"The best way to learn is to teach.” As Robert Slavin puts it, this is “the secret behind cooperative learning.” So, what is cooperative learning? It is a form of classroom group work that educators deem extremely effective. Instead of competitive or independent goals in group work, cooperative learning emphasizes working together.Read More
With Election Day around the corner, now is the time to get students involved in how the election process works and informed about why it is important for them to be voting citizens.Read More
This week We Are Teachers released this cool and seasonal poster--"The Bones of a Good Essay." Here's what they had to say:Read More
Synonyms and antonyms are a vital part of a student's understanding of figurative language, and of words' relationships to each other. Learning the basics of synonyms and antonyms will give students the ability to express themselves more clearly, expand their vocabulary, and add emphasis to their speech and writing.Read More
What comes to mind when someone speaks of Career and Technical Education? What connotations does that phrase hold in the education world? Are students eager to enroll CTE programs, or do they hesitate, wondering if CTE will help with college readiness?
Enter the new players in Career and Technical Education, those who understand the rapidly evolving and complicated choices students will face, and the equally evolving and complicated industries they will enter. Enter high-quality CTE.Read More
Did you see our last post on the Maker Movement? Still wondering what it is and what the movement's implication is for education? We created our newest white paper to answer these questions and more.Read More
Whether we like it or not, high stakes testing has arrived. One of our main responsibilities as educators is to prepare students for success on these tests. For students to succeed, we must get students’ buy in on the importance of these tests. If students own their growth in their test scores, they are more likely to take the test seriously. They are also more likely to invest time into their education, which is what we ultimately are trying to achieve.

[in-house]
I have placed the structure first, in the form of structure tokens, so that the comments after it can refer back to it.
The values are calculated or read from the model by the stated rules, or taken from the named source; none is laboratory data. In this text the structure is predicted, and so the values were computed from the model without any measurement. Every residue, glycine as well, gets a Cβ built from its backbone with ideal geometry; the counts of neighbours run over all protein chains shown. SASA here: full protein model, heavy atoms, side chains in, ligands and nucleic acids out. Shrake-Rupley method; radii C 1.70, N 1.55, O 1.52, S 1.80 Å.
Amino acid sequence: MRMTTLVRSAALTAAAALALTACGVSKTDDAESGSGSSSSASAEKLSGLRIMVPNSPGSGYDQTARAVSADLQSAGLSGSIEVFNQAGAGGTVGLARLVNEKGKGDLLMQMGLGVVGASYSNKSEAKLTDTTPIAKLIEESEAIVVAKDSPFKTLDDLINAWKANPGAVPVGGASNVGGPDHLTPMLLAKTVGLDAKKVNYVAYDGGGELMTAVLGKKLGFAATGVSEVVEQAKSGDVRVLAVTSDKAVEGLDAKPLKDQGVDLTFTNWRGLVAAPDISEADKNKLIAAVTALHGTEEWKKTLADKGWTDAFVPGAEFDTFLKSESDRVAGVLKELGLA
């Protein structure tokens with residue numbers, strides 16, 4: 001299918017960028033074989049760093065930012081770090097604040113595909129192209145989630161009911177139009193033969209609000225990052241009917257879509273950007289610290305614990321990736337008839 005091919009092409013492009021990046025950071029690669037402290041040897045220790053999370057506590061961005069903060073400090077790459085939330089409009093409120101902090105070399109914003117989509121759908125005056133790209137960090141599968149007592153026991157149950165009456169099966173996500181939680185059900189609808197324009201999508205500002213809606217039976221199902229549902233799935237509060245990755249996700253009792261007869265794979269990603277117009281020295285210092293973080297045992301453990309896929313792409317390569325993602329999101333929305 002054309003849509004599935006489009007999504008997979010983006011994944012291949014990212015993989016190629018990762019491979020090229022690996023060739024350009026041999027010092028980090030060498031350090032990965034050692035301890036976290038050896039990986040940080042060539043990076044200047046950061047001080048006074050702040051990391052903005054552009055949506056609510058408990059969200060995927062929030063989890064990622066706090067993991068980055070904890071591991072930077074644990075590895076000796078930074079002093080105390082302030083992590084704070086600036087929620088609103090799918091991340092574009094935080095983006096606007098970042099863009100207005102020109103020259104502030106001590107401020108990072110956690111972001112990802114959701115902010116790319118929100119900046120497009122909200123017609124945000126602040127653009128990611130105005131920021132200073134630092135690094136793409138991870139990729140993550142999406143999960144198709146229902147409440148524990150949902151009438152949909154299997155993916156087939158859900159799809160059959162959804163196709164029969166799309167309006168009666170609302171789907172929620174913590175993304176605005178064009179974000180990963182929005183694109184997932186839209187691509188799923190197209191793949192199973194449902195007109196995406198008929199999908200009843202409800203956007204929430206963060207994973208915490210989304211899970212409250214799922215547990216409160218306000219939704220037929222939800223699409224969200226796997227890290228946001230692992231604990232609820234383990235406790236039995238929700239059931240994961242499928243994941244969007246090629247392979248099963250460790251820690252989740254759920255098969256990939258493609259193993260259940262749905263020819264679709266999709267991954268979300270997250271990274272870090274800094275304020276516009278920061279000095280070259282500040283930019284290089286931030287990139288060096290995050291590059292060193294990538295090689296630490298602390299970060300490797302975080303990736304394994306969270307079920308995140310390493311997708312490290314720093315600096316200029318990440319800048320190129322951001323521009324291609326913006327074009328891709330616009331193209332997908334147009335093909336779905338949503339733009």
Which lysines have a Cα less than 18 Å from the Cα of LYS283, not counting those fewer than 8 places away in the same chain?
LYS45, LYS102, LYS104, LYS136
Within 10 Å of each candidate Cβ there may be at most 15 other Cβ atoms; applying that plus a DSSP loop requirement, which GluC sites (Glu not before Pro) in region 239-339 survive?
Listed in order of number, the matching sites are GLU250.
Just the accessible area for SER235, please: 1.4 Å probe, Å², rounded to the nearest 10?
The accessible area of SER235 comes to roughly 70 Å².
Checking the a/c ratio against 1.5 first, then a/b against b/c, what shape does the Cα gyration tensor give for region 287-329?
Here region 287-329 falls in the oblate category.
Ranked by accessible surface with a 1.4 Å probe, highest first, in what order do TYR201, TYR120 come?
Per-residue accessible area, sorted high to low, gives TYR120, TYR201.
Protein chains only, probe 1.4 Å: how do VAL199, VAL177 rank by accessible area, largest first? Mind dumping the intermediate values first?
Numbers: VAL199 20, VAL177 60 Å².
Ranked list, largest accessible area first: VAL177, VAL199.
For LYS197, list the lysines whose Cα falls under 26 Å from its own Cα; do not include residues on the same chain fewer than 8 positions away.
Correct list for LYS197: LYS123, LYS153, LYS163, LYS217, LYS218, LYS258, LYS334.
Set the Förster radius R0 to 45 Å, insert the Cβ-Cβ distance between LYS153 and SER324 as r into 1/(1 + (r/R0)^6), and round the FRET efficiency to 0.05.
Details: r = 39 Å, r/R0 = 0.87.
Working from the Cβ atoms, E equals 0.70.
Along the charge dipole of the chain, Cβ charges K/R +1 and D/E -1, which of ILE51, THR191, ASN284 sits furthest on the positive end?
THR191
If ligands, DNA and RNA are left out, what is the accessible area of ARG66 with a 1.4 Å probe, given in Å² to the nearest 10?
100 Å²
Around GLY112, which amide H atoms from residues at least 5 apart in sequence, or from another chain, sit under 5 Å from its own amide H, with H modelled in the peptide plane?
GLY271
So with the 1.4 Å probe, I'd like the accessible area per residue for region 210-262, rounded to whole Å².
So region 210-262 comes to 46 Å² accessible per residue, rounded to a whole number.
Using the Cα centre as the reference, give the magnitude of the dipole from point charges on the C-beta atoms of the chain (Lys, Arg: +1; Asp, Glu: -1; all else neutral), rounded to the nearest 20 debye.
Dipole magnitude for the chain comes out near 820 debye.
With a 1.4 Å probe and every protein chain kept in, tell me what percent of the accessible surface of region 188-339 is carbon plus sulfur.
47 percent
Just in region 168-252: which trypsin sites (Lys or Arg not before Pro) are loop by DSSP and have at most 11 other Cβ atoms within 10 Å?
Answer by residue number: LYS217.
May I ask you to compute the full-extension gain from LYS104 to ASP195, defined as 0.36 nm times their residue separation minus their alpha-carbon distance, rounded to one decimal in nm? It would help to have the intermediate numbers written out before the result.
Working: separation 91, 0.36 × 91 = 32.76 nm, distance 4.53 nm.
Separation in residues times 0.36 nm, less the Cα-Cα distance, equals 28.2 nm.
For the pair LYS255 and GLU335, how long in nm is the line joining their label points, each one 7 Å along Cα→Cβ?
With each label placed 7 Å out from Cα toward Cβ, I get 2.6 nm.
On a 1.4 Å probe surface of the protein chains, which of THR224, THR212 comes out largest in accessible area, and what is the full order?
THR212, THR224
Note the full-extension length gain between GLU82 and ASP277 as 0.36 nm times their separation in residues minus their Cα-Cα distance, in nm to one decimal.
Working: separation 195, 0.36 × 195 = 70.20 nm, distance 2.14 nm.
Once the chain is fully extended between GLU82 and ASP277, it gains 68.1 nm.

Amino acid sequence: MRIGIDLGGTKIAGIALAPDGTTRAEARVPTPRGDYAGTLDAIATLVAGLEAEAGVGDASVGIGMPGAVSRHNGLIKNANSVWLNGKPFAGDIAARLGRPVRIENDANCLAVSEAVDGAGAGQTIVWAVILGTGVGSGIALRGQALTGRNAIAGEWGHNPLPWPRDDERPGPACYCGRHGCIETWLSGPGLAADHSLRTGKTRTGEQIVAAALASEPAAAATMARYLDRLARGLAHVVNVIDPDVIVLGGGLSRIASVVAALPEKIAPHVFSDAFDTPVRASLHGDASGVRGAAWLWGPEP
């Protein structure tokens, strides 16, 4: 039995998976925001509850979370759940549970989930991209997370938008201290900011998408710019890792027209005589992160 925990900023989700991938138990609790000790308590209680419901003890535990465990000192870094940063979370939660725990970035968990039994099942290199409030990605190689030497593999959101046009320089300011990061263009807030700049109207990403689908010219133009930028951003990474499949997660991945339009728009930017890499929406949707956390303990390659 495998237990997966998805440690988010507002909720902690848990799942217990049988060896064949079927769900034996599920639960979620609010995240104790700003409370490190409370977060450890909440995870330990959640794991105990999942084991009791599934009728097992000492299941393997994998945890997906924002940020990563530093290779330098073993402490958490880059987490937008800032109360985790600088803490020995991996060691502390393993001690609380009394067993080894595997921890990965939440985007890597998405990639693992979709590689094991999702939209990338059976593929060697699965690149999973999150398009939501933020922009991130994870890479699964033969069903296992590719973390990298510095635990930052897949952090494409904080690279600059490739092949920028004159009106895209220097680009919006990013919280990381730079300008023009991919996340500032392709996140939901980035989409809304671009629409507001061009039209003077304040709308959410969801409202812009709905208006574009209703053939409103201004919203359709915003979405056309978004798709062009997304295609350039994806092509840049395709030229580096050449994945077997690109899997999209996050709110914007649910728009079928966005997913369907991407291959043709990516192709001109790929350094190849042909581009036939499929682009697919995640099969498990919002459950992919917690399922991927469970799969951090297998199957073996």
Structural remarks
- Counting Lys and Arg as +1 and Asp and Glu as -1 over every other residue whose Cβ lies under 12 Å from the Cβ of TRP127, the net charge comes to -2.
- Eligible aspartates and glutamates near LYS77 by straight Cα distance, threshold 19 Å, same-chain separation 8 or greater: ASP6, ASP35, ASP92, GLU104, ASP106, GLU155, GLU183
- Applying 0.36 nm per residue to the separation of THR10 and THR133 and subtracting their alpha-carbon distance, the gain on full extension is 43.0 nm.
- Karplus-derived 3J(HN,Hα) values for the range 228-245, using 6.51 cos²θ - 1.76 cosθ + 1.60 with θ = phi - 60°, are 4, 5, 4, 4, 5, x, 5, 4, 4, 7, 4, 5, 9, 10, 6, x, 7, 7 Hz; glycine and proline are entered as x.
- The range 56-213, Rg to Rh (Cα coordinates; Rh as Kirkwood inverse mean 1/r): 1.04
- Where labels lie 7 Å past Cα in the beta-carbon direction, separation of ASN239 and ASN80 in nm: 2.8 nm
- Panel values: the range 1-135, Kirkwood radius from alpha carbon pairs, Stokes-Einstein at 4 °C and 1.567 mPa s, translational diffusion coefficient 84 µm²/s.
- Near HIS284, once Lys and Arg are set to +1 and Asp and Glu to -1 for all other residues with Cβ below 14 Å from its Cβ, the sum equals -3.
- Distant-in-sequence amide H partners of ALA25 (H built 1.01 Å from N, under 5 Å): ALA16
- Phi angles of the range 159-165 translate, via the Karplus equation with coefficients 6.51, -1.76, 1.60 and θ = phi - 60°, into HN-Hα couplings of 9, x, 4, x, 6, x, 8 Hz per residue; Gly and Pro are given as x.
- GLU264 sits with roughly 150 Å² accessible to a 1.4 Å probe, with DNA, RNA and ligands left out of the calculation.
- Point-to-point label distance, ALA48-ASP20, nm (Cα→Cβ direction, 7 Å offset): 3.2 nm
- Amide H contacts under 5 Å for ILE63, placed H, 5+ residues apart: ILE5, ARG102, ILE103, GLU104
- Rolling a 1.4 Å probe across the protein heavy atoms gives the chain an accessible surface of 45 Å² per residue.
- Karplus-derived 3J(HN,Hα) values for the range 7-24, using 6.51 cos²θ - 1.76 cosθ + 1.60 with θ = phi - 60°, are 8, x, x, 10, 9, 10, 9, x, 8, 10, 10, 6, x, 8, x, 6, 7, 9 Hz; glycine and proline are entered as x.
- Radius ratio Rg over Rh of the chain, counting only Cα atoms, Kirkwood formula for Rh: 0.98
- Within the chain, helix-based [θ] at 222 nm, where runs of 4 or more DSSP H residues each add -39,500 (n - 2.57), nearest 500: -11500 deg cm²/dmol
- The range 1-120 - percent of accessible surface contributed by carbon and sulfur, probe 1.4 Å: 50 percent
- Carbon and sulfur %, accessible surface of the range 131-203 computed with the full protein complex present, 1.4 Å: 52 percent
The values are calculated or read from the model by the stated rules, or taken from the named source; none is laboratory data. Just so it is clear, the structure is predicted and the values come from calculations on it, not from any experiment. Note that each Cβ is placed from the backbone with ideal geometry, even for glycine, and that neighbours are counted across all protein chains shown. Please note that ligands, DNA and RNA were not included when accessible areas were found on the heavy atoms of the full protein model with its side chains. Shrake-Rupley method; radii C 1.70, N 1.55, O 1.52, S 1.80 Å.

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Charlie Brown’s teacher in the Peanuts comic strip is always represented with the phrase “Wah, Wah, Wah, Wah, Wah.” Even when Charlie answers, her retort is still the same. For many years we had a “sit-and-get” environment, teacher speak/student listen, drill and kill, skills-based learning for the knowledge and comprehension of the learning.
Meeting the goal of 60% student engagement in the classroom for Common Core seems daunting, and many teachers are fearful of the Common Core approach. I am a teacher of the 70’s and 80’s. We taught the learning by embedding the skills and comprehension into the instruction through:
- Concept development
- Problem-based learning activities and simulations
- Inquiry method using Junior Great Books
- Requiring students to explain and demonstrate understanding of the critical details of what was learned
- Puzzles that made students analyze the features of the project to formulate the correct responses
- Show don’t tell method
- Taxonomy levels of learning
Students perform better when they feel like they are a part of a classroom and school community. Use culturally responsive practices to create a learning community where all students are engaged.
When you teach Nathaniel Hawthorne's The Scarlet Letter, high school students aren't exactly sitting on the edge of their chairs. In fact, they can be downright bored and frustrated.